We are a commune of inquiring, skeptical, politically centrist, capitalist, anglophile, traditionalist New England Yankee humans, humanoids, and animals with many interests beyond and above politics. Each of us has had a high-school education (or GED), but all had ADD so didn't pay attention very well, especially the dogs. Each one of us does "try my best to be just like I am," and none of us enjoys working for others, including for Maggie, from whom we receive neither a nickel nor a dime. Freedom from nags, cranks, government, do-gooders, control-freaks and idiots is all that we ask for.
I have noticed the same tendency in myself on occasion, and hated myself for it. Some self-loathing can be the price of self-knowledge. It is easier to forgive the faults and flaws of others than one's own.
You also see this in organizations where there are a lot of part-timers, which means that one person's clients may have their files finished by another employee. This works well as long as the first employee leaves the unfinished files in good order, ready for finalization by another. There also needs to be reciprocity, where that first employee finishes off his co-workers' files.
However, too often you'll find that First Employee pushes through as many files as he can, leaving them in shambles, and then tells the clients to come in anytime (preferably on his days off) as "someone else with finish for you". First Employee gets credit for the files, while co-workers have to clean them up, check for errors (common), and placate the client. Had this happen last year and was able to put a stop to it only by telling First Employee's clients that they had to book with him as the rest of us were too busy to help.
Years ago, I had the good fortune to work for Roger Ailes.
When he addressed the team for the first time, he made a few simple statements. The one which resonated most with me was that in almost every organization, 80% of the work is done by 20% of the people. It's up to you to figure out if you are part of the 20%, and if you aren't, you'd better do something about it or he would.
The problem with this is that it is true in almost every organization. Which basically means unless you're at a very, very small company where people wear many hats, you're going to be subject to this situation. I've found it to be true almost everywhere I've worked.
My daughter had a few group projects where everybody got the same grade based on the finished project. She did all the work and everybody got a B or an A. Stupid way to assign work to grade schoolers.
When I was in engineering school, we had a class where we did group design projects. Part of it was to have experience with critical path management. We each got individual grades based on our work on our part of the project. One guy (an Iranian, by the way) never did his work so we had to do it for him at 3:00 am Mardi Gras morning! We were NOT happy. The project leader asked the professor if he could fire a team member. He didn't say no. He only said that in real life, you have to deal with people who don't pull their weight. The project leader ended up not firing him (I wish he had) so the rest of us carried him.
Funny, because when I did group projects in college, you got graded based on your input.
I took part in a documentary. Two people out of the four in my group 'took over' and did the lion's share of the writing (to be honest, they cut me and the other person out entirely and decided to go down their own path - but they had a good idea and I was more comfortable doing the production work, anyway). When the project was done, I'd gotten a 'D' along with the fourth person. The two writers got 'A's. I complained, to no avail. I felt that doing the filming and editing was every bit as involved, considering I wasn't invited to the writing sessions.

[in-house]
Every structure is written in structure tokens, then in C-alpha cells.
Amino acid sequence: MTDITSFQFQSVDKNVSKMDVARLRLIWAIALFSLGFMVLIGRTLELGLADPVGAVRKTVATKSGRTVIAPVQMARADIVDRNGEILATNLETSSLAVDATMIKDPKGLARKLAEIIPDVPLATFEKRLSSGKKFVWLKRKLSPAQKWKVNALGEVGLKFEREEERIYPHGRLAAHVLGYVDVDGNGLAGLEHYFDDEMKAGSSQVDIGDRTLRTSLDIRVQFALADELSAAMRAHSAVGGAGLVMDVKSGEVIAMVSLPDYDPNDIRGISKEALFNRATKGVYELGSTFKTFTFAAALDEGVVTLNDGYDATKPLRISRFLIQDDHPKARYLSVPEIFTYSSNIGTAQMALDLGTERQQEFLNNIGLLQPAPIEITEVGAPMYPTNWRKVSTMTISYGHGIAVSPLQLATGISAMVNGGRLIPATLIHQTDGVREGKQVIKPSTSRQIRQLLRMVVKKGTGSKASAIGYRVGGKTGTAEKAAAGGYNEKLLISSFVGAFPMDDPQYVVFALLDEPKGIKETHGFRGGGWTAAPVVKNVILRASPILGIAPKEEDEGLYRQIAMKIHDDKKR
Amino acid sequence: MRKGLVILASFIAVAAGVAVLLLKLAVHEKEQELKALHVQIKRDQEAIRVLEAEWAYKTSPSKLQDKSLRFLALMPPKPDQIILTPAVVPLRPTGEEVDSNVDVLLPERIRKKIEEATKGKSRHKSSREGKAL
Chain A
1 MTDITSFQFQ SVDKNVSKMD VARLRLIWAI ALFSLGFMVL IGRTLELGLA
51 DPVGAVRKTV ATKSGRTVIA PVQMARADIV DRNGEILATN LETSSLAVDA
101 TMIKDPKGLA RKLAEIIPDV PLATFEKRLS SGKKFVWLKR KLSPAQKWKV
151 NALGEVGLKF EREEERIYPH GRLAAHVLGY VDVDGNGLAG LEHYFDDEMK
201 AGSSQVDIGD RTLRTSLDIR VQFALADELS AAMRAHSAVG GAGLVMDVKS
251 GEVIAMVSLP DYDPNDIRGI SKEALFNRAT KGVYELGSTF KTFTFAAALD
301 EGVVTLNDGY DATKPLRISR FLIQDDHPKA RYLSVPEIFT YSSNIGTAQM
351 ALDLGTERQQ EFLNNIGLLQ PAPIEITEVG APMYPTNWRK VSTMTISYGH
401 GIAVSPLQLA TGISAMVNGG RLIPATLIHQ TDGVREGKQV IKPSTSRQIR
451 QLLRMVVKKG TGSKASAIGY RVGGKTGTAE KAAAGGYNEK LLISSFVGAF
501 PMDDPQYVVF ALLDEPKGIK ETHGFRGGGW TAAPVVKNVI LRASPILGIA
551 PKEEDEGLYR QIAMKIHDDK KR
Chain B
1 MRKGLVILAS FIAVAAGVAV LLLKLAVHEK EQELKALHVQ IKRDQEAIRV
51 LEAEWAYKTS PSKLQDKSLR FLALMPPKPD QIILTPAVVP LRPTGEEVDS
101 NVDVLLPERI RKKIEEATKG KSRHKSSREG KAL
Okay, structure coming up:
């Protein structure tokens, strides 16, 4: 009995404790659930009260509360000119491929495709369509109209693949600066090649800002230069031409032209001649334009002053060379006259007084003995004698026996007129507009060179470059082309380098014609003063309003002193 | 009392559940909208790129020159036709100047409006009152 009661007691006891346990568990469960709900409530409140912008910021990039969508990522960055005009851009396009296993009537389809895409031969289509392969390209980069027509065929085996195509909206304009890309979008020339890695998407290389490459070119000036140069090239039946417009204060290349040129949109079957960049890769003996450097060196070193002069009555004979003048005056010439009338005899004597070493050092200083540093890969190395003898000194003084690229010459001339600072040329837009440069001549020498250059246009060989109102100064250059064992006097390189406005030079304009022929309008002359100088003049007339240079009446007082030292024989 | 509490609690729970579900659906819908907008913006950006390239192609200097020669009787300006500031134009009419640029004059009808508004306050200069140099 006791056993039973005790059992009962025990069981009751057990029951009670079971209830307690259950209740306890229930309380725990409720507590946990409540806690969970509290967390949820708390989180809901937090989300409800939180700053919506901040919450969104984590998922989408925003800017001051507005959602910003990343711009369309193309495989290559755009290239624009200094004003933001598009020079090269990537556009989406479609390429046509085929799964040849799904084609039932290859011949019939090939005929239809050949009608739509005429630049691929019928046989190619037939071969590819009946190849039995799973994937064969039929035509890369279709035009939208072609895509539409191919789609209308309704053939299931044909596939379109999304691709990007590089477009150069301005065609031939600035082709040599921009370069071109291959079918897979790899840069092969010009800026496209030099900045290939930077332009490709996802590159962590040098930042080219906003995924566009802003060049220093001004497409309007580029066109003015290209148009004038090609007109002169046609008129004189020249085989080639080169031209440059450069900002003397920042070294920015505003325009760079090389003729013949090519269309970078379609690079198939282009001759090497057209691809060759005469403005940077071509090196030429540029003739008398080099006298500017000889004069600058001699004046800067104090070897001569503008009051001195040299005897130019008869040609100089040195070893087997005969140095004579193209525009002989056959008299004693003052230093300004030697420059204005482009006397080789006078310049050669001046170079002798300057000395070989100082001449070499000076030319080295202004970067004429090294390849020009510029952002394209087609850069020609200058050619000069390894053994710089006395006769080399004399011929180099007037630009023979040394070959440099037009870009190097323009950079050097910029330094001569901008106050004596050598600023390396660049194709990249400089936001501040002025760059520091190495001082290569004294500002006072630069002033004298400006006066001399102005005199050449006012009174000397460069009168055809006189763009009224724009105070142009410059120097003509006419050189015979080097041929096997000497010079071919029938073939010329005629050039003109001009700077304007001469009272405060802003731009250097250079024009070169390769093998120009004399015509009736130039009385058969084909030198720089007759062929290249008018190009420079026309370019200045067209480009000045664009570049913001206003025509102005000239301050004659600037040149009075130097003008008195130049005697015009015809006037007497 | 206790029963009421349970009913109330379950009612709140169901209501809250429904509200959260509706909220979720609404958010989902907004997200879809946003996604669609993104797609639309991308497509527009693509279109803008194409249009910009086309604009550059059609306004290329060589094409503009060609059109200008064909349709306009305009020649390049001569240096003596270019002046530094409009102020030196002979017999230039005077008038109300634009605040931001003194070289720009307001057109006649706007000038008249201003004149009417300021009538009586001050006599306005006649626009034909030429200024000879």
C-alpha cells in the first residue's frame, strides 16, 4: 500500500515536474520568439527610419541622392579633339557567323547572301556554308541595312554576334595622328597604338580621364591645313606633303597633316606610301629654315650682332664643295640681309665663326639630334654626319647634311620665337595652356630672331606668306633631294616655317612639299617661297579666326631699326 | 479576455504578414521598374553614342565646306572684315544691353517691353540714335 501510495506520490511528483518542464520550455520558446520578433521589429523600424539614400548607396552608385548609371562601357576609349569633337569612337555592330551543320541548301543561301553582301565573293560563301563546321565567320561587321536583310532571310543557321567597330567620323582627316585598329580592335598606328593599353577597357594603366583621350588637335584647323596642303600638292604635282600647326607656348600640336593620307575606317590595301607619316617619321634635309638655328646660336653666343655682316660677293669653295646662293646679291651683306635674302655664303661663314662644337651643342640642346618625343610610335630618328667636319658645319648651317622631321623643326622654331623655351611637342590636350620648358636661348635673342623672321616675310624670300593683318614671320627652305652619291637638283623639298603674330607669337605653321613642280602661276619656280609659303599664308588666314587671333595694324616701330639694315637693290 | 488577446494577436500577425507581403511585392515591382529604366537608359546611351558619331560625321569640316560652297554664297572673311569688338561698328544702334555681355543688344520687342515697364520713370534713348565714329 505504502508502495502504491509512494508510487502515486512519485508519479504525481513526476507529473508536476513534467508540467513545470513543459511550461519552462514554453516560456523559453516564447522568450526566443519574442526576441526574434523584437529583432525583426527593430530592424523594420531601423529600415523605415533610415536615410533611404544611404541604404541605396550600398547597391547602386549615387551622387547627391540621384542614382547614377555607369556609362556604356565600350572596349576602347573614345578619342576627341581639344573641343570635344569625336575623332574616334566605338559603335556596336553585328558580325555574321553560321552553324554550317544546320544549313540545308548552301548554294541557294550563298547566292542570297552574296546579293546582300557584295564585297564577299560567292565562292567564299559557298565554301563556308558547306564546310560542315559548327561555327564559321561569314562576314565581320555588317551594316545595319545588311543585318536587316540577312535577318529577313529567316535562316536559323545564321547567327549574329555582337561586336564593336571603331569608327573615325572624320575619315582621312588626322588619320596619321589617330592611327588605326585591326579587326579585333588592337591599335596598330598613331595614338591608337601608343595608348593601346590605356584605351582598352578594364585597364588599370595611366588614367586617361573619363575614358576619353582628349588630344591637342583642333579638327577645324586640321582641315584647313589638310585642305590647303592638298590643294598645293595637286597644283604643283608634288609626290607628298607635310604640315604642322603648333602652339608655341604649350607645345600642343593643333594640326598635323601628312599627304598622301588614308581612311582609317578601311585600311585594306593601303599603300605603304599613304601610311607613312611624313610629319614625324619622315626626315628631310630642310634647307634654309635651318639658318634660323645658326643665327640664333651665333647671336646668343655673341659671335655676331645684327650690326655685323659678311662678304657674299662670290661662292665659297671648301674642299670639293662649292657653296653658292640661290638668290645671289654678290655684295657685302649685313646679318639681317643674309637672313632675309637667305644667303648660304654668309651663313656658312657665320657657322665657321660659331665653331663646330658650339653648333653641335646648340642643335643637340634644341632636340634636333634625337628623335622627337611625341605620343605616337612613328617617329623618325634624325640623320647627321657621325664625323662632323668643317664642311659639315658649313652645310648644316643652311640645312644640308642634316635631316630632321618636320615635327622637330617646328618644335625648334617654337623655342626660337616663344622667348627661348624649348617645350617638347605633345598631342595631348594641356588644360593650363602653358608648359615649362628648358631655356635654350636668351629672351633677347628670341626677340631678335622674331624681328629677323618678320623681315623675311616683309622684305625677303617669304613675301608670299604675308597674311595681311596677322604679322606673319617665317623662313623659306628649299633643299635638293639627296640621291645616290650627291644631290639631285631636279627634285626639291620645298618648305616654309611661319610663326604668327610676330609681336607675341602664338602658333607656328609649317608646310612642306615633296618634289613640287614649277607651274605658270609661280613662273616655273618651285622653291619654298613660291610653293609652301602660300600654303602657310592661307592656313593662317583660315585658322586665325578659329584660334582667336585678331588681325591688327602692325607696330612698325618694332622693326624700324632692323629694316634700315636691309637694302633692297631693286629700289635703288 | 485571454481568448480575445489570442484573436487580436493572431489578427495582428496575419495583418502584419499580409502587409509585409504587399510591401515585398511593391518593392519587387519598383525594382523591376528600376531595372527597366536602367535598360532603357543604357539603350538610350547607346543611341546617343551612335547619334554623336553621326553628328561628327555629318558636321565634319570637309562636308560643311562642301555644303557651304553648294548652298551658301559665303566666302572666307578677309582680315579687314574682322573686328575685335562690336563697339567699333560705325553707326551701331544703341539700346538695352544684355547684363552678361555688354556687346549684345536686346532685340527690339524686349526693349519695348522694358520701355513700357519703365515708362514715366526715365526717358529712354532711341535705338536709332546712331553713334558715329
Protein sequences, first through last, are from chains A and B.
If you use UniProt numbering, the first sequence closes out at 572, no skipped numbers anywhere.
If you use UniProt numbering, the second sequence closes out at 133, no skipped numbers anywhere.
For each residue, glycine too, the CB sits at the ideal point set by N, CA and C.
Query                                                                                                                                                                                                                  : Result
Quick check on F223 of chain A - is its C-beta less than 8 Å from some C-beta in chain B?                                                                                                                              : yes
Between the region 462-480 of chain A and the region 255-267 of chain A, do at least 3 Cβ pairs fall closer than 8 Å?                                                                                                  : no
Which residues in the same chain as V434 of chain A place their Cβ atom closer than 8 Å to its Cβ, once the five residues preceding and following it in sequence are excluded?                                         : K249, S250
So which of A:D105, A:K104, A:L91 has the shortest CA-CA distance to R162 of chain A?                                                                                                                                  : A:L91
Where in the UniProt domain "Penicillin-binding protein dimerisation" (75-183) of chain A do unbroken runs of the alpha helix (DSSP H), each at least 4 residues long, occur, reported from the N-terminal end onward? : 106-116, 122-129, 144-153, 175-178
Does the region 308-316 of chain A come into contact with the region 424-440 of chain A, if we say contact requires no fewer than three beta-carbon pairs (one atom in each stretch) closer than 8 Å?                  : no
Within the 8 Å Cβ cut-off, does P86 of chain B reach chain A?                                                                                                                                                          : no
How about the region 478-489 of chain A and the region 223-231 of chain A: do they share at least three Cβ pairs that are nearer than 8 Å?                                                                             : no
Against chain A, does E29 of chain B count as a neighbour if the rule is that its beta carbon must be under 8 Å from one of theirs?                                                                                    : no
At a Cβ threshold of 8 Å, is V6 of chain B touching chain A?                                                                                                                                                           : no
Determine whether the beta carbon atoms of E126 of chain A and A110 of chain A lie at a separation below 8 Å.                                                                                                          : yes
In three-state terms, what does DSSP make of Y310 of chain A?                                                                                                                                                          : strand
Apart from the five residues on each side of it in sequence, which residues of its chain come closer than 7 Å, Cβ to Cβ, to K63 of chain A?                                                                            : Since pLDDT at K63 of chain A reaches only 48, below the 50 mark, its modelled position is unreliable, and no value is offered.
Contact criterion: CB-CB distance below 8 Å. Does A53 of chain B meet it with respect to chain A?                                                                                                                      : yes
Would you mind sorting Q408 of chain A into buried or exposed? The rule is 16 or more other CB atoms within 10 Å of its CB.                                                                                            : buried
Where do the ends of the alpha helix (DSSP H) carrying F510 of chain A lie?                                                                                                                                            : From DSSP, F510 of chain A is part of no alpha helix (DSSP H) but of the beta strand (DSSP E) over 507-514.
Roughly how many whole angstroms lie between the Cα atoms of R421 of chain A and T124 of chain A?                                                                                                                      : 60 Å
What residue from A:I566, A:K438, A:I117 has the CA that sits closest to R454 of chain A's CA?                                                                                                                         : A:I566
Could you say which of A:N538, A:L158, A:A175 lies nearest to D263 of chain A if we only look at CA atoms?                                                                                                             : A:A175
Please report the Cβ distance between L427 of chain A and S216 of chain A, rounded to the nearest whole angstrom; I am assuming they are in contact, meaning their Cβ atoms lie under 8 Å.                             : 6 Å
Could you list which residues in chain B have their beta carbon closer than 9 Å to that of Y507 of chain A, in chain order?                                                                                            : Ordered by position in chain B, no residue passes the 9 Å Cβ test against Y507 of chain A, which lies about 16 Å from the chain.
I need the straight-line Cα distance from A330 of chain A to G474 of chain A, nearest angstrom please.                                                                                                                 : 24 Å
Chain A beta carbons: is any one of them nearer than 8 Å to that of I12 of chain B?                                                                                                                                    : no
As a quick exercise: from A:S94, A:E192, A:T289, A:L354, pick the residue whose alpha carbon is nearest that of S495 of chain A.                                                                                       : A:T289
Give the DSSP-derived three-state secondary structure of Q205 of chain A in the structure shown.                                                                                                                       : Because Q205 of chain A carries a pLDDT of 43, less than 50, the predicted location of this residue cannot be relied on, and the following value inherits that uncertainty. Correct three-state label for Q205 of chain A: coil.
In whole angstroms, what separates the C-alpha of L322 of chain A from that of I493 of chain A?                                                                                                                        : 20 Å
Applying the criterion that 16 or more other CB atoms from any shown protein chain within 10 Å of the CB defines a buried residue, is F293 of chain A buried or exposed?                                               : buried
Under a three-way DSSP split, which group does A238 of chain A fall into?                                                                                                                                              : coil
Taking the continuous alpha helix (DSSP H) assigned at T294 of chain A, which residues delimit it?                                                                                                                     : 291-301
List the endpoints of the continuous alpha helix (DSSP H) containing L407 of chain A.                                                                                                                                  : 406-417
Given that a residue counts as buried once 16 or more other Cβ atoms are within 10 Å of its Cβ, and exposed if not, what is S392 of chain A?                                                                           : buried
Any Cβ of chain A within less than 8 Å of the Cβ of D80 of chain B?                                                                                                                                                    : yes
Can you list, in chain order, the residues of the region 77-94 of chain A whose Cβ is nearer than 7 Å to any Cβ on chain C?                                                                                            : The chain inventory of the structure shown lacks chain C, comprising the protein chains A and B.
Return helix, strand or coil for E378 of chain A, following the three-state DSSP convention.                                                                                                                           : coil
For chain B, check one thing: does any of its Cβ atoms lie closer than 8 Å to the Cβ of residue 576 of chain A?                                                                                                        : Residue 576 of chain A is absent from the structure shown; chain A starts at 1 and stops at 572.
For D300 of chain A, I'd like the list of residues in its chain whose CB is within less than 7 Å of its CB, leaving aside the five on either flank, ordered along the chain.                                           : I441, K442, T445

Recently, my son had a similar experience up at Miami Ohio. His group had done a project and he was one of the main people bringing up ideas. But implementing and writing was left to some others in his group. He had a bad relationship with his professor, so when the people who did the writing complained, the professor lowered his grade.
In academics, particularly today, the politicization of the grade is every bit as important as the work required to achieve a result. Being friendly with the professor, showing your involvement, it all plays out in your grade - even if you do little real work. Sadly, the same is often true in the corporate world.
When I was in graduate school--science and engineering--we had more foreign students than natives. The foreign students were big bucks to the University so it was "too big to fail". The foreign students, no matter what country, were for the most part ill prepared so we "helped" them a lot. One year at graduation, the Head of the department said to me--as one of the foreign students walked across the stage for his diploma--your name should be on that thesis as co-author.
The same is true for German companies, especially the large ones like Siemens, VW and Krupps. In smaller companies, everyone pulls their weight because everyone knows the company's success or failure depends on what they contribute every single day. But in large groups, slackers can hide quite easily. I think it's just human nature, not necessarily a cultural thing, and will always be present in any large organizations.
Karl Horst (Germany)
It seems to be a truth of nature that the larger the organization, the less efficient it becomes.
Yet half of the population seems to believe that bigger government is better.
This phenomenon can largely be overcome by proper organization design and incentive structure.
A 200-person corporation run by someone who doesn't address these matters effectively will be more subject to the slacker rule than will a 10,000-person corporation run by someone who knows how to manage.